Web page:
To some, Ecuador’s jungle is a home and a valuable tool in fighting climate change, to others, it is a vital solution to a struggling economy.
In an unusual example of climate democracy, it is Ecuadorians who will decide what is more important, drilling for oil or protecting the Amazon, in a closely watched referendum on Sunday.
The drilling is taking place in the Yasuni National Park, one of the most diverse biospheres in the world, and home to three of the world’s last uncontacted Indigenous populations.
It began in 2016 after years of fraught debate and failed efforts by then president Rafael Correa to persuade the international community to pay cash-strapped Ecuador $3.6 billion not to drill there.
After years of demands for a referendum, the country’s highest court authorized the vote in May to decide the fate of “block 43,” which contributes 12 percent of the 466,000 barrels per day produced by Ecuador.
The government of outgoing President Guillermo Lasso has estimated a loss of $16 billion over the next 20 years if drilling is halted.
“The Yasuni has been like a mother to the world… We need to raise our voices and hands so that our mother can recover, that she is not injured, that she is not beaten,” said Alicia Cahuiya, a Waorani leader born in the heart of the jungle.
The reserve is home to the Waorani and Kichwa tribes, as well as the Tagaeri, Taromenane and Dugakaeri, who choose to live isolated from the modern world.
Cahuiya said the reserve was “a lung for the world,” capturing carbon dioxide and pumping out oxygen and water vapor.
“Water vapor helps maintain a low temperature on the planet, it’s like air conditioning” for the atmosphere, said Gonzalo Rivas, director of the Tiputini scientific station at the private San Francisco University in Quito.
– ‘Climate democracy’ –
The Amazon basin — which stretches across eight nations — is a vital carbon sink.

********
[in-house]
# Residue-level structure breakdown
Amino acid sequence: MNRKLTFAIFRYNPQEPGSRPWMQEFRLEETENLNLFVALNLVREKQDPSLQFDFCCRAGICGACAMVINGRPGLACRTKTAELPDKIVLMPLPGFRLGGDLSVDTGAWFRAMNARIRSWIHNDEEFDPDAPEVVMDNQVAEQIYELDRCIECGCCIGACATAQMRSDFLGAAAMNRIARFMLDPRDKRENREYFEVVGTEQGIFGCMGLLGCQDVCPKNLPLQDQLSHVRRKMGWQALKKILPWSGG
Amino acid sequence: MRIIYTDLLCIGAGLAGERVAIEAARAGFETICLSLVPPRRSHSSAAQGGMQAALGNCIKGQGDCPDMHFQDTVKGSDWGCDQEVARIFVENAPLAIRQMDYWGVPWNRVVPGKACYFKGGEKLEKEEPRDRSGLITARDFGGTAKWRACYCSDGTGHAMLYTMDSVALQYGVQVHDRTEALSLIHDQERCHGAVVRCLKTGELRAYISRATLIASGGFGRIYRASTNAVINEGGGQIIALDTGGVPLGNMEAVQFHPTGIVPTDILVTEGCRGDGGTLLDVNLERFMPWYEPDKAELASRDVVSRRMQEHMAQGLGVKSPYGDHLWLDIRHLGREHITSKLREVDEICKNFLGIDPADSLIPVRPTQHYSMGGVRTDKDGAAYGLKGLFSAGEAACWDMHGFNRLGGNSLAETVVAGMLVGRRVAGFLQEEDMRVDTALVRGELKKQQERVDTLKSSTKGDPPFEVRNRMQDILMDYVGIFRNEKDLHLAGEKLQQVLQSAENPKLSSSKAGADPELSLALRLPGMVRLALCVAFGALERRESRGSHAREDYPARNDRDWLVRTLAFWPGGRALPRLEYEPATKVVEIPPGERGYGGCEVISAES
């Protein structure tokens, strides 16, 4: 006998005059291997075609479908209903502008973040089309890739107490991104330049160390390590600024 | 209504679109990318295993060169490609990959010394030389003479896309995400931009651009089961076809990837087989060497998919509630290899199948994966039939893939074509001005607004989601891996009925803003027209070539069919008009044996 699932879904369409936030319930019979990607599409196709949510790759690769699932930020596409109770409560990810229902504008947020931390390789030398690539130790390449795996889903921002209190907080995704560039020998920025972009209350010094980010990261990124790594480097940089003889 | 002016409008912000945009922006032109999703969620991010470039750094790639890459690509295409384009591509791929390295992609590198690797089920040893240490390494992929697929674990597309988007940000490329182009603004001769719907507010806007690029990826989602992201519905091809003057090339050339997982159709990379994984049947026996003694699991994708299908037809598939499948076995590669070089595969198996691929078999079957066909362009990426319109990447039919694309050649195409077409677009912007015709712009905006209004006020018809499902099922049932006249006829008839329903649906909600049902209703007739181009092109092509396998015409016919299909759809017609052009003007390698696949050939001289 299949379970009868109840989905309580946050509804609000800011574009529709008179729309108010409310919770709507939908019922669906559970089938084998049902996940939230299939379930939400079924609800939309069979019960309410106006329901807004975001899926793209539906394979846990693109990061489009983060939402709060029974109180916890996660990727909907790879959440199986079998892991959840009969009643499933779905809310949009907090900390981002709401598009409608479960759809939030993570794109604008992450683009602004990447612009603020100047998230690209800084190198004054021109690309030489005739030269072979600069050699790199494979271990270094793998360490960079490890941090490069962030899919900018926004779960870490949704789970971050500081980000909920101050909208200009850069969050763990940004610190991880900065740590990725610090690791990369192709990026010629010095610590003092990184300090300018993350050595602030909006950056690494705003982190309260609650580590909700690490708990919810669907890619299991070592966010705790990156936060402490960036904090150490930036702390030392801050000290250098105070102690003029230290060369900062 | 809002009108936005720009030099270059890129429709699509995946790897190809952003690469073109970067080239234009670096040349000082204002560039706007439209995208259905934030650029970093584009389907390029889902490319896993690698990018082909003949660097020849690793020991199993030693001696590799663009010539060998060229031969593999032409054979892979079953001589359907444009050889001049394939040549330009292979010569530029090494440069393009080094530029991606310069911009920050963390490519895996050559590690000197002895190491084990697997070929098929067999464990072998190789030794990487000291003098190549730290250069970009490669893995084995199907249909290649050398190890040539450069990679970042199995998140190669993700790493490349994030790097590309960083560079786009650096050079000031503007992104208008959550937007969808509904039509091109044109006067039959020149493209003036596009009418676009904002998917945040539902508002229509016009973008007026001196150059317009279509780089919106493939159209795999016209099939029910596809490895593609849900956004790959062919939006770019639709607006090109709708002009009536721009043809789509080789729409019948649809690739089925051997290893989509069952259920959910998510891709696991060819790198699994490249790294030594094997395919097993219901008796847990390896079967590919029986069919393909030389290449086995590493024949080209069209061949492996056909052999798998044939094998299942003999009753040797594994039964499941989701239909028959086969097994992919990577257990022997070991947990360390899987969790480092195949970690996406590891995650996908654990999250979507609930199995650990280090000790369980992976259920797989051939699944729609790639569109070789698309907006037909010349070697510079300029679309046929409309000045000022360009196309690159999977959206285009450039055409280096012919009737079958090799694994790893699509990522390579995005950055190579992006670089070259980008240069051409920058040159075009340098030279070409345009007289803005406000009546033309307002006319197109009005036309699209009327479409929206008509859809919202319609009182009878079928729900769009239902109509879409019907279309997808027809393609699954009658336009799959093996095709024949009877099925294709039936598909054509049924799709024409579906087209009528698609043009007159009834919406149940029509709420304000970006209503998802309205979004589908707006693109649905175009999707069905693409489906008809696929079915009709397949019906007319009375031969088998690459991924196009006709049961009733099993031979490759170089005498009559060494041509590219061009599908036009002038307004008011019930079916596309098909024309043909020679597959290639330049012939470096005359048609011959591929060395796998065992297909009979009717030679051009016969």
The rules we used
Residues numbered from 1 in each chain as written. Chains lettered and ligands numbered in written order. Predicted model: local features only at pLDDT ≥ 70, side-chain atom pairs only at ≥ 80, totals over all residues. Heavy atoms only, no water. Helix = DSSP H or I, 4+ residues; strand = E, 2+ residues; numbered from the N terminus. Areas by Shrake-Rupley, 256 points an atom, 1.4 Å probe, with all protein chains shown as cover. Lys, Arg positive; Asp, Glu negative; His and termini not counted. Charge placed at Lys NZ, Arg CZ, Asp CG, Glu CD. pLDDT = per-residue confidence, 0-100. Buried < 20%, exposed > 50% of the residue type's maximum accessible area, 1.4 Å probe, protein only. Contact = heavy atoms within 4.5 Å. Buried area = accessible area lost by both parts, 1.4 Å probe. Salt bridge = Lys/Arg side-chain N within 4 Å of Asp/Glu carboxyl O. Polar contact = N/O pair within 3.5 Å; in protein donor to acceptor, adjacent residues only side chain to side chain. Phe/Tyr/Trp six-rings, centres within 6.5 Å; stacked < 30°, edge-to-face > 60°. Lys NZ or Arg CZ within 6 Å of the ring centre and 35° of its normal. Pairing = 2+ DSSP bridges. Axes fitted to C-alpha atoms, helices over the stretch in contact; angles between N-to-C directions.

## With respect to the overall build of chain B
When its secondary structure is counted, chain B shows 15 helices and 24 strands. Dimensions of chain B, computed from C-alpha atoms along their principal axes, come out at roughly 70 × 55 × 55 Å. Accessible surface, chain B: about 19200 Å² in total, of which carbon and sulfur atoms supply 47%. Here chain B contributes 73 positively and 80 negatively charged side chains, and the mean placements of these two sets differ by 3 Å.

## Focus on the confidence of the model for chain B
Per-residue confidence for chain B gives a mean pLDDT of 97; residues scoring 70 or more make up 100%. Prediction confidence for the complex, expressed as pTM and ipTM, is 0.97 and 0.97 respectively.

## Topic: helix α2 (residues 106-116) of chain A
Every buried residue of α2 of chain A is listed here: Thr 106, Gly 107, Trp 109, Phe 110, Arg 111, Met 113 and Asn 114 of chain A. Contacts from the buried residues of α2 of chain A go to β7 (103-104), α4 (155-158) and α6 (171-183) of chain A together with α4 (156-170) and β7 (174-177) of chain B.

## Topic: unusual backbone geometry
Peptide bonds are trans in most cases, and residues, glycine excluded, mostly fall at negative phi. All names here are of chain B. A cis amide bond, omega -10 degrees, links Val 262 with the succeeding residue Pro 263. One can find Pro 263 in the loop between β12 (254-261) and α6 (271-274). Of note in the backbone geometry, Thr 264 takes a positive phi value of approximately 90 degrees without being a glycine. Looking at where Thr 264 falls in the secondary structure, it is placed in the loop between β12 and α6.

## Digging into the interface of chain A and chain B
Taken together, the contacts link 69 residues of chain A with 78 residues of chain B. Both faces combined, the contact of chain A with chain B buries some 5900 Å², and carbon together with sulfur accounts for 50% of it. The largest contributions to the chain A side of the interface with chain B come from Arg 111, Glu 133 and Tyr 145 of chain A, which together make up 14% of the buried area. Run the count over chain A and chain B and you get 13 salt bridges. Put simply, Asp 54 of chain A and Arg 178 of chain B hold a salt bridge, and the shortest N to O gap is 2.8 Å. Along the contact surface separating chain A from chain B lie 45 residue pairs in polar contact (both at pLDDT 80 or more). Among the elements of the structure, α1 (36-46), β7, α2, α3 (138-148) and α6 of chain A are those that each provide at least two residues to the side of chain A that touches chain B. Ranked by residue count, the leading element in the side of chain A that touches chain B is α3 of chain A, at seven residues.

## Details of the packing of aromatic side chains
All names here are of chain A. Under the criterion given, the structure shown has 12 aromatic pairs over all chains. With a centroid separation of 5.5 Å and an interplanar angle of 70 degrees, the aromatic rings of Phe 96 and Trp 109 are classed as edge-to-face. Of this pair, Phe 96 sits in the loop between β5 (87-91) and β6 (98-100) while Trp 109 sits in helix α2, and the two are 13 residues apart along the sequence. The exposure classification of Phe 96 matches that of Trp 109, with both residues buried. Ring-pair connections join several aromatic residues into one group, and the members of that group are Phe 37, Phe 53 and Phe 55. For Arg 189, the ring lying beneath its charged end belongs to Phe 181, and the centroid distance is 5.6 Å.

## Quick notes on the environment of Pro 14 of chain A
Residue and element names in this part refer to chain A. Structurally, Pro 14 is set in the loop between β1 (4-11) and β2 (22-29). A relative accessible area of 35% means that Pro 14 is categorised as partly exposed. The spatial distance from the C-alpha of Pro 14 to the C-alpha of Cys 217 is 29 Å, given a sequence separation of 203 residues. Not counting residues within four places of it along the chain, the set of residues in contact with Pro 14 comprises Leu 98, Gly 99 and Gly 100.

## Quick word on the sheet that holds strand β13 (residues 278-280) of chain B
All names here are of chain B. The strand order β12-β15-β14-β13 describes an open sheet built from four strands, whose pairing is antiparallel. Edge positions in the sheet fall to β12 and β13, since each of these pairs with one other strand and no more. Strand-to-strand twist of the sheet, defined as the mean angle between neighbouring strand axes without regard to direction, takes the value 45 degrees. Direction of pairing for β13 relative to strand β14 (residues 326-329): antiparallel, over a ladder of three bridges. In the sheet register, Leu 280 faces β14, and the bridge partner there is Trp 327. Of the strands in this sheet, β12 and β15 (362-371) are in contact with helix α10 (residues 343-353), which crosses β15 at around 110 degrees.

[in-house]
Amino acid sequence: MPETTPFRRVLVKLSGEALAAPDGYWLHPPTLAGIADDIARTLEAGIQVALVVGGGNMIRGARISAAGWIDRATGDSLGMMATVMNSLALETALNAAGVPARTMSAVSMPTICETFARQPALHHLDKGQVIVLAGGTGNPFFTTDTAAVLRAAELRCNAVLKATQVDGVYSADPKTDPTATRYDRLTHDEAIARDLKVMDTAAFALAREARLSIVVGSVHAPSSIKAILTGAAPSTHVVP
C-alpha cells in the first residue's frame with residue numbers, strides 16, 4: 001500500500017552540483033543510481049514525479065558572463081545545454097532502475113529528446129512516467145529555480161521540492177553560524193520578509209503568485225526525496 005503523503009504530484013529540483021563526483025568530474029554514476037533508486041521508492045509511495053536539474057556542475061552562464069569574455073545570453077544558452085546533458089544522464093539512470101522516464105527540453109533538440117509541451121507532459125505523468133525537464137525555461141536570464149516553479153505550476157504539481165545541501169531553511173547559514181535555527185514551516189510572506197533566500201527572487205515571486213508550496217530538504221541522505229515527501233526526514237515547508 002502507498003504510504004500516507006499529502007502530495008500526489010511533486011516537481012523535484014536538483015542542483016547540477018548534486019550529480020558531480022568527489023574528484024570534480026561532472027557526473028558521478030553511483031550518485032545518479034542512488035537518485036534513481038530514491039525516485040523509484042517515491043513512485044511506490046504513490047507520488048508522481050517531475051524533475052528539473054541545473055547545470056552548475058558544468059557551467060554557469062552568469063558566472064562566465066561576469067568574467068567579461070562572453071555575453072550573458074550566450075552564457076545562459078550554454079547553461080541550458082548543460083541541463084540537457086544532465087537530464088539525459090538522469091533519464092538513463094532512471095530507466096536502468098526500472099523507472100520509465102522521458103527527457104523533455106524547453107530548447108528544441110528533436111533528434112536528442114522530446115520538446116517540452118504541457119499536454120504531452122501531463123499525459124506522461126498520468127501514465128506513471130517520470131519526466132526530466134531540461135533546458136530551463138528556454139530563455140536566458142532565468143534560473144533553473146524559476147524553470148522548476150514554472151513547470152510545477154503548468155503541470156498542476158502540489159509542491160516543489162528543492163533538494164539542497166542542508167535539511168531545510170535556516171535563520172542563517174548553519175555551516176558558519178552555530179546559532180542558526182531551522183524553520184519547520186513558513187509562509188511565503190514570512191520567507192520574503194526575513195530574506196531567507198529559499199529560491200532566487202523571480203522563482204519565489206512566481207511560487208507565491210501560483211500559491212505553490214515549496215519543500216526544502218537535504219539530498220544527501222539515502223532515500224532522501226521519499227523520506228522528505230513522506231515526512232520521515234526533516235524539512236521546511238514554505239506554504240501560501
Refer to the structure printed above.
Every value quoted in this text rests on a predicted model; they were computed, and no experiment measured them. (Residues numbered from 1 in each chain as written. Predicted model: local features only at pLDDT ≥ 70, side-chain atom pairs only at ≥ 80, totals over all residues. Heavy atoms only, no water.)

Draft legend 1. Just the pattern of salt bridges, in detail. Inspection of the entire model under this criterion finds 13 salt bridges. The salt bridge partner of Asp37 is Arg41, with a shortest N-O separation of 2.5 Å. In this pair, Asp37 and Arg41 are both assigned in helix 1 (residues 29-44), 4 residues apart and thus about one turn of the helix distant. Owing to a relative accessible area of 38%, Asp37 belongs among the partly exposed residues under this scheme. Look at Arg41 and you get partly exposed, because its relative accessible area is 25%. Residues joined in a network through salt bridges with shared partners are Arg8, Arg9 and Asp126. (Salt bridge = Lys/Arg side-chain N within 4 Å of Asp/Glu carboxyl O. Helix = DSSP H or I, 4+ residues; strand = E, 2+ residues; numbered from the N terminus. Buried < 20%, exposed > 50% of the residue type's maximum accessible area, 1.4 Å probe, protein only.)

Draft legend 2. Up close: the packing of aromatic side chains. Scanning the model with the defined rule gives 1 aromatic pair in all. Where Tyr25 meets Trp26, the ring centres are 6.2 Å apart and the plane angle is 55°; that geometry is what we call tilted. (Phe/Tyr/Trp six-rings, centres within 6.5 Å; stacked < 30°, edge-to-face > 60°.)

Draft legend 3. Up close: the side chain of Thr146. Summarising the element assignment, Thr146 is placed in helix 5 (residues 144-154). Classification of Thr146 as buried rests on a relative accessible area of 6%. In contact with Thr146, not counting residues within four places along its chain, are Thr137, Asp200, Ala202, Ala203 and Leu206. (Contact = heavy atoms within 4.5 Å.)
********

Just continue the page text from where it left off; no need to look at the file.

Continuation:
But scientists warn its destruction is pushing the world’s biggest rainforest dangerously close to a tipping point, beyond which trees would die off and release carbon rather than absorb it, with catastrophic consequences for the climate.
“This forest has allowed us to survive until today,” said Rivas.
The Yasuni National Park houses some 2,000 tree, 610 bird, 204 mammal, 150 amphibian and more than 120 reptile species, according to the university.
The fate of the reserve has drawn the attention of international celebrities such as Hollywood star and environmental activist Leonardo DiCaprio.
“With this first-of-its-kind referendum worldwide, Ecuador could become an example in democratizing climate politics, offering voters the chance to vote not just for the forest but also for Indigenous rights, our climate, and the well-being of our planet,” he wrote on Instagram this month.
Swedish climate campaigner Greta Thunberg also hailed the “historic referendum.”
The NGO Amazon Frontlines said the vote was “a first-of-its-kind demonstration of climate democracy, where people, not corporations, get to decide on resource extraction and its limits.
Opinion polls published earlier this month showed a slight leaning to a “Yes” vote to halt oil drilling.
National oil company Petroecuador argues the block only occupies 80 hectares (200 acres) of more than a million hectares that make up the reserve.
Locals in Yasuni are divided, with some supporting the oil companies and the benefits economic growth have brought to their villages.